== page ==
South African freedom fighter and Nobel Peace Prize winner, former Archbishop Desmond Tutu, announced his retirement from public life during the first week of October.
“The Arch,” as he is known in his country, made good on a pledge he issued in July in a televised interview with the Reuters News Service that he would retire to spend more time with his family when he turned 79 on Oct. 7.
“The time has now come to slow down, to sip Rooibos tea with my beloved wife in the afternoons, to watch cricket, to travel to visit my children and grandchildren, rather than to conferences and conventions and university campuses,” Tutu said at the time.
“Thank you to my colleagues, past and present, for doing all the work and allowing me to take the credit,” he said.
As an Anglican cleric, Tutu used his bully pulpit to condemn the then-de jure system of apartheid in his country, angering the White minority goverment which arrested and briefly jailed him once after a protest and revoked his passport twice, actions that were reversed, however, after international outcries.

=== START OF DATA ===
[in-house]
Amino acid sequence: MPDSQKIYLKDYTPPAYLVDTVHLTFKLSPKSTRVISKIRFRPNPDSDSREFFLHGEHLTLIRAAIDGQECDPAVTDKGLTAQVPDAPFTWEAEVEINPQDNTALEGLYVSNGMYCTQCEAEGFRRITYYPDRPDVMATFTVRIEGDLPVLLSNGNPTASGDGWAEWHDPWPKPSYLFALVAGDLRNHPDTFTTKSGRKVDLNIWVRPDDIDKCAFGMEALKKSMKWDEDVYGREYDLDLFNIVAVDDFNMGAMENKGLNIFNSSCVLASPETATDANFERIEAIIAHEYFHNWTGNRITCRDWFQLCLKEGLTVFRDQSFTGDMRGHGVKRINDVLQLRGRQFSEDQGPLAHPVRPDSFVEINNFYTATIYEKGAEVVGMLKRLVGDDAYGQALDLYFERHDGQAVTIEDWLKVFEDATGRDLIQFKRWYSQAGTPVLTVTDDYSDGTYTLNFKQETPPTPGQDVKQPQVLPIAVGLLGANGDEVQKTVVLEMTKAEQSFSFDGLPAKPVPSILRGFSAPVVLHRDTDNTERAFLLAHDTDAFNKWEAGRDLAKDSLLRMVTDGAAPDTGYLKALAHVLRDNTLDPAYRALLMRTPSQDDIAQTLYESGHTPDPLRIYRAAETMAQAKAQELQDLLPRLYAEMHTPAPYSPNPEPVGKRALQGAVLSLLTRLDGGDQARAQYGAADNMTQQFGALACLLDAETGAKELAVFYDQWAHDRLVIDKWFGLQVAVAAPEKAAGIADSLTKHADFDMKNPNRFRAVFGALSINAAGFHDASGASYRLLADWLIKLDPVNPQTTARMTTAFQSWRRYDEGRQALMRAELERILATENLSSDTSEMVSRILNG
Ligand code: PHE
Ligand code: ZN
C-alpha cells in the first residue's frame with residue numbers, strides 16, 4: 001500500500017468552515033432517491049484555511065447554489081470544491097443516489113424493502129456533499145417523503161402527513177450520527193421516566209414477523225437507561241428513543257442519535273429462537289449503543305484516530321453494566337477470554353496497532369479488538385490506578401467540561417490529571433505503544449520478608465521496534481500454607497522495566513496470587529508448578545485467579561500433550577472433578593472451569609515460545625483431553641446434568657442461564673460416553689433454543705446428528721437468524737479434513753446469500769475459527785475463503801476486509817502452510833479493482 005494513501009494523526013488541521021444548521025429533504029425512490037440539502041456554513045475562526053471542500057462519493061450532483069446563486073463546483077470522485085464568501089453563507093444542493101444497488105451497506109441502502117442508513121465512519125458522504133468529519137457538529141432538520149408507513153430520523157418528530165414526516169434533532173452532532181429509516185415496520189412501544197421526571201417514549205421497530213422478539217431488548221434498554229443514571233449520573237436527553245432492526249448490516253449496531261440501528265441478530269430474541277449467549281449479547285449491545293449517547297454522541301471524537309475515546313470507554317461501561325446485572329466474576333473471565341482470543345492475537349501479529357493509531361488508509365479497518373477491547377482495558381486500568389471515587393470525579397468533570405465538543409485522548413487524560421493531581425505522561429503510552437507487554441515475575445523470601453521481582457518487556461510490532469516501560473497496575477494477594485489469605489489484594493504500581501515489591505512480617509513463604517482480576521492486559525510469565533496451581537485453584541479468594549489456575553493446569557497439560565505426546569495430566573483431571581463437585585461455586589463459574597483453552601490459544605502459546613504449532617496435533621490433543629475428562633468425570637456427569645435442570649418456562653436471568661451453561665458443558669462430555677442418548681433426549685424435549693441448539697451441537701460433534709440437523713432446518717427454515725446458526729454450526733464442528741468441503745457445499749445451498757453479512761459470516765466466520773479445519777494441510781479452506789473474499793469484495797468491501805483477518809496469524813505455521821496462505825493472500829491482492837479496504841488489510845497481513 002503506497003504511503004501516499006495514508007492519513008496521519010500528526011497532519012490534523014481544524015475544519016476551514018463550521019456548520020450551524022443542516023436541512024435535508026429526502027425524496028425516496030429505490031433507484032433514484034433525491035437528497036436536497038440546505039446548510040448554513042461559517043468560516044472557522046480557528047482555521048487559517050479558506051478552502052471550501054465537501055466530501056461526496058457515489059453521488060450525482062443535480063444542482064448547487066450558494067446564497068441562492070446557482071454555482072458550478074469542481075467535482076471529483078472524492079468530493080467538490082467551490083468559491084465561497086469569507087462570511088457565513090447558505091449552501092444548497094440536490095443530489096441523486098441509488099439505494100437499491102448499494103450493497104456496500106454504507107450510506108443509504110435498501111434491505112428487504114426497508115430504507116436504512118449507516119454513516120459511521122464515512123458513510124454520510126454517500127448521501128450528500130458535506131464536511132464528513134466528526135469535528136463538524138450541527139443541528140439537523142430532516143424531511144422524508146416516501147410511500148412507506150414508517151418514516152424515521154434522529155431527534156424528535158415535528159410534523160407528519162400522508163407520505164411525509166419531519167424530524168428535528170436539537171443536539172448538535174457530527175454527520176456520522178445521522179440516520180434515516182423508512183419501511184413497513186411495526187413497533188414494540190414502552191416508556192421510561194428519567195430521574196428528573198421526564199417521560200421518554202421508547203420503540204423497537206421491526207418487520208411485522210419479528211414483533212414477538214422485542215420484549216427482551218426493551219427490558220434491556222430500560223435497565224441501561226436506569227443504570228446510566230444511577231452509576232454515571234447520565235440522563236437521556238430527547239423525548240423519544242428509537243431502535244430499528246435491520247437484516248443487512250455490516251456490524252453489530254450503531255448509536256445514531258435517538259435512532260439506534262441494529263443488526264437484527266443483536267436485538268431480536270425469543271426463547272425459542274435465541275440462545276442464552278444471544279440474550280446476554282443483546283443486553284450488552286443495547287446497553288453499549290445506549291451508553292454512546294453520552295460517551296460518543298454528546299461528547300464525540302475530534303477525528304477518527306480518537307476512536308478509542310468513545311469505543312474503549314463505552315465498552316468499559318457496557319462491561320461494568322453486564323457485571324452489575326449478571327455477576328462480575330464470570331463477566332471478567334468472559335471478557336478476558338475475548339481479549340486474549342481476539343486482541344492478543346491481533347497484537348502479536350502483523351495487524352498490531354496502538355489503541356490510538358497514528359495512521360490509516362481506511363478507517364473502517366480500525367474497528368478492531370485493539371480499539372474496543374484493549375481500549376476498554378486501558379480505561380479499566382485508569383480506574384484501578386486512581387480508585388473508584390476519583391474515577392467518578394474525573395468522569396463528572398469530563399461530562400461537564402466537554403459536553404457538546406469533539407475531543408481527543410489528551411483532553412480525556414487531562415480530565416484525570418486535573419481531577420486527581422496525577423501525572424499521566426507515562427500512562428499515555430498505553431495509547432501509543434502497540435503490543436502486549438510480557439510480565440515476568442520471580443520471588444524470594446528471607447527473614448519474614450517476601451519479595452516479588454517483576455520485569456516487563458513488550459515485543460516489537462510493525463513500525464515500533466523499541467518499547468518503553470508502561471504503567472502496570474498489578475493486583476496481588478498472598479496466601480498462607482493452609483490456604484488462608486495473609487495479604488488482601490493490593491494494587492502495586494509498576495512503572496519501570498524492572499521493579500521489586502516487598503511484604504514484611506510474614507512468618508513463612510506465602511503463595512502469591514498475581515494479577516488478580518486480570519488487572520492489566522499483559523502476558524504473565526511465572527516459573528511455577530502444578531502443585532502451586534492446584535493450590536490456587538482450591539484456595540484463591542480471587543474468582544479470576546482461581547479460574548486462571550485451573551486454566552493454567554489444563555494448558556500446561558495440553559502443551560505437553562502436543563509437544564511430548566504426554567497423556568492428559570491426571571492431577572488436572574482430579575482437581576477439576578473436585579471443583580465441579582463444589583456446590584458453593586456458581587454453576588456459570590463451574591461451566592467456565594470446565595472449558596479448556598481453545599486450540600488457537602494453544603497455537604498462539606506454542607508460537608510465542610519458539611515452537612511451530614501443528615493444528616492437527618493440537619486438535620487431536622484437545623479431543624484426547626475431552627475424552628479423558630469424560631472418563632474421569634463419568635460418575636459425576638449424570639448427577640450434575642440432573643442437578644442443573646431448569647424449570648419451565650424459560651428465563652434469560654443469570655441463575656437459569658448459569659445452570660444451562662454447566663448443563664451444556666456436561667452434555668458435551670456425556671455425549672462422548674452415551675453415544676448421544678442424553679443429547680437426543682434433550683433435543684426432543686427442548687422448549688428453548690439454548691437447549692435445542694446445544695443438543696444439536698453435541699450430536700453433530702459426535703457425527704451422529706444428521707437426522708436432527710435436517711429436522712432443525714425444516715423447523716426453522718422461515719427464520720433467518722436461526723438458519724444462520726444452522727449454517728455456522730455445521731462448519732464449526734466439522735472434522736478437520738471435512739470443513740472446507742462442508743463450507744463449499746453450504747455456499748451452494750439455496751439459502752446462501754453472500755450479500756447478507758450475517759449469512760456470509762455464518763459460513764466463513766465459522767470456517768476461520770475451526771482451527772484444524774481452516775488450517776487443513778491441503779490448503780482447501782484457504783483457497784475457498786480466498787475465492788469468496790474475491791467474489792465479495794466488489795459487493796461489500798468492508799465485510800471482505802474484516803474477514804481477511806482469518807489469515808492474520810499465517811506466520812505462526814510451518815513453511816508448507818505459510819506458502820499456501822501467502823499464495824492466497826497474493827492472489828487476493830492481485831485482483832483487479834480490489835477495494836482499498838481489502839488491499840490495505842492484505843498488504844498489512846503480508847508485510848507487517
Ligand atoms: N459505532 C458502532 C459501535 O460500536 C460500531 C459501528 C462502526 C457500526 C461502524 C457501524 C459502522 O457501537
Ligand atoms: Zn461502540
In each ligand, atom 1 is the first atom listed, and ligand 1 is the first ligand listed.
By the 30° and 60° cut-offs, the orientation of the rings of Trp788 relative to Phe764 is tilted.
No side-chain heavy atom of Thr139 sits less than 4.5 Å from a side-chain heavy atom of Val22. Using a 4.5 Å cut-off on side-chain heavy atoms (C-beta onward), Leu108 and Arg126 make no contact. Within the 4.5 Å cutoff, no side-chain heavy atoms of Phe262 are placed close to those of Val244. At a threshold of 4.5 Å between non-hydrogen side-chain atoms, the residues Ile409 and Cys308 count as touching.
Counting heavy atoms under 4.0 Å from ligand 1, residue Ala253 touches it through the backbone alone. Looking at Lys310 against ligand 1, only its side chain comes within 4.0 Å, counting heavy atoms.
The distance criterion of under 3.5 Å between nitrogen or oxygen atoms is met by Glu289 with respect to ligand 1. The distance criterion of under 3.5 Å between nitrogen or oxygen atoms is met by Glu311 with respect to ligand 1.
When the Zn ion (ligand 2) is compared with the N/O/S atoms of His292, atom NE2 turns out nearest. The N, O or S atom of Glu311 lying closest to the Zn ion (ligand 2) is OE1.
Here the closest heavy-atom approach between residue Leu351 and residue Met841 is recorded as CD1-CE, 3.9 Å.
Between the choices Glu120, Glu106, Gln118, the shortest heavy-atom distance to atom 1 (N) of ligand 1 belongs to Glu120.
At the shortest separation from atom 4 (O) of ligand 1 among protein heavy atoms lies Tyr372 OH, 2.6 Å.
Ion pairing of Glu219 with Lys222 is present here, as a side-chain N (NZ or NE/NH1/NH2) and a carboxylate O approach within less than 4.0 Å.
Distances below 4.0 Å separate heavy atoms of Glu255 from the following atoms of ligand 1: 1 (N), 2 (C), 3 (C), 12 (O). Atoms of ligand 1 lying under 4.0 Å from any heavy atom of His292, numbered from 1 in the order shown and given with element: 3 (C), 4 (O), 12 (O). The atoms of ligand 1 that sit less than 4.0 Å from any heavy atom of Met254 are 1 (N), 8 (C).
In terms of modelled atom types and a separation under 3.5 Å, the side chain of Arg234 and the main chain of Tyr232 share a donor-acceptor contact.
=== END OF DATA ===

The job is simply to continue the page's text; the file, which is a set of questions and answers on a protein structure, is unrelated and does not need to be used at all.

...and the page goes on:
For his advocacy, Tutu was awarded the 1984 Nobel Peace prize for his ” role as a unifying leader figure in the campaign to resolve the problem of apartheid in South Africa,” according to the press release announcing his nomination. Two years later he became the first Black archbishop of Cape Town.
That unifying role was again acknowledged in 1994 when newly elected President Nelson Mandela appointed Tutu to head the Truth and Reconciliation Commission, the body charged with scrutinizing human rights abuses that occurred during the apartheid years.
Said fellow Peace Prize winner, President Barack Obama about Tutu’s resignation, “For decades he has been a moral titan, a voice of principle, an unrelenting champion of justice, and a dedicated peacemaker.”
“We will miss his insight and his activism, but will continue to learn from his example. We wish the archbishop and his family happiness in the years ahead,” Obama said in a statement.
In his retirement, Tutu said he will eschew media interviews, and will step down from a university post in South Africa and his work with a U.N. commission on preventing genocide. He will continue his work with his peace foundation and with The Elders, a council of global statesmen.
Echoing the words of Nelson Mandela, Tutu said Oct. 7: “As Madiba said on his retirement: Don’t call me; I’ll call you.”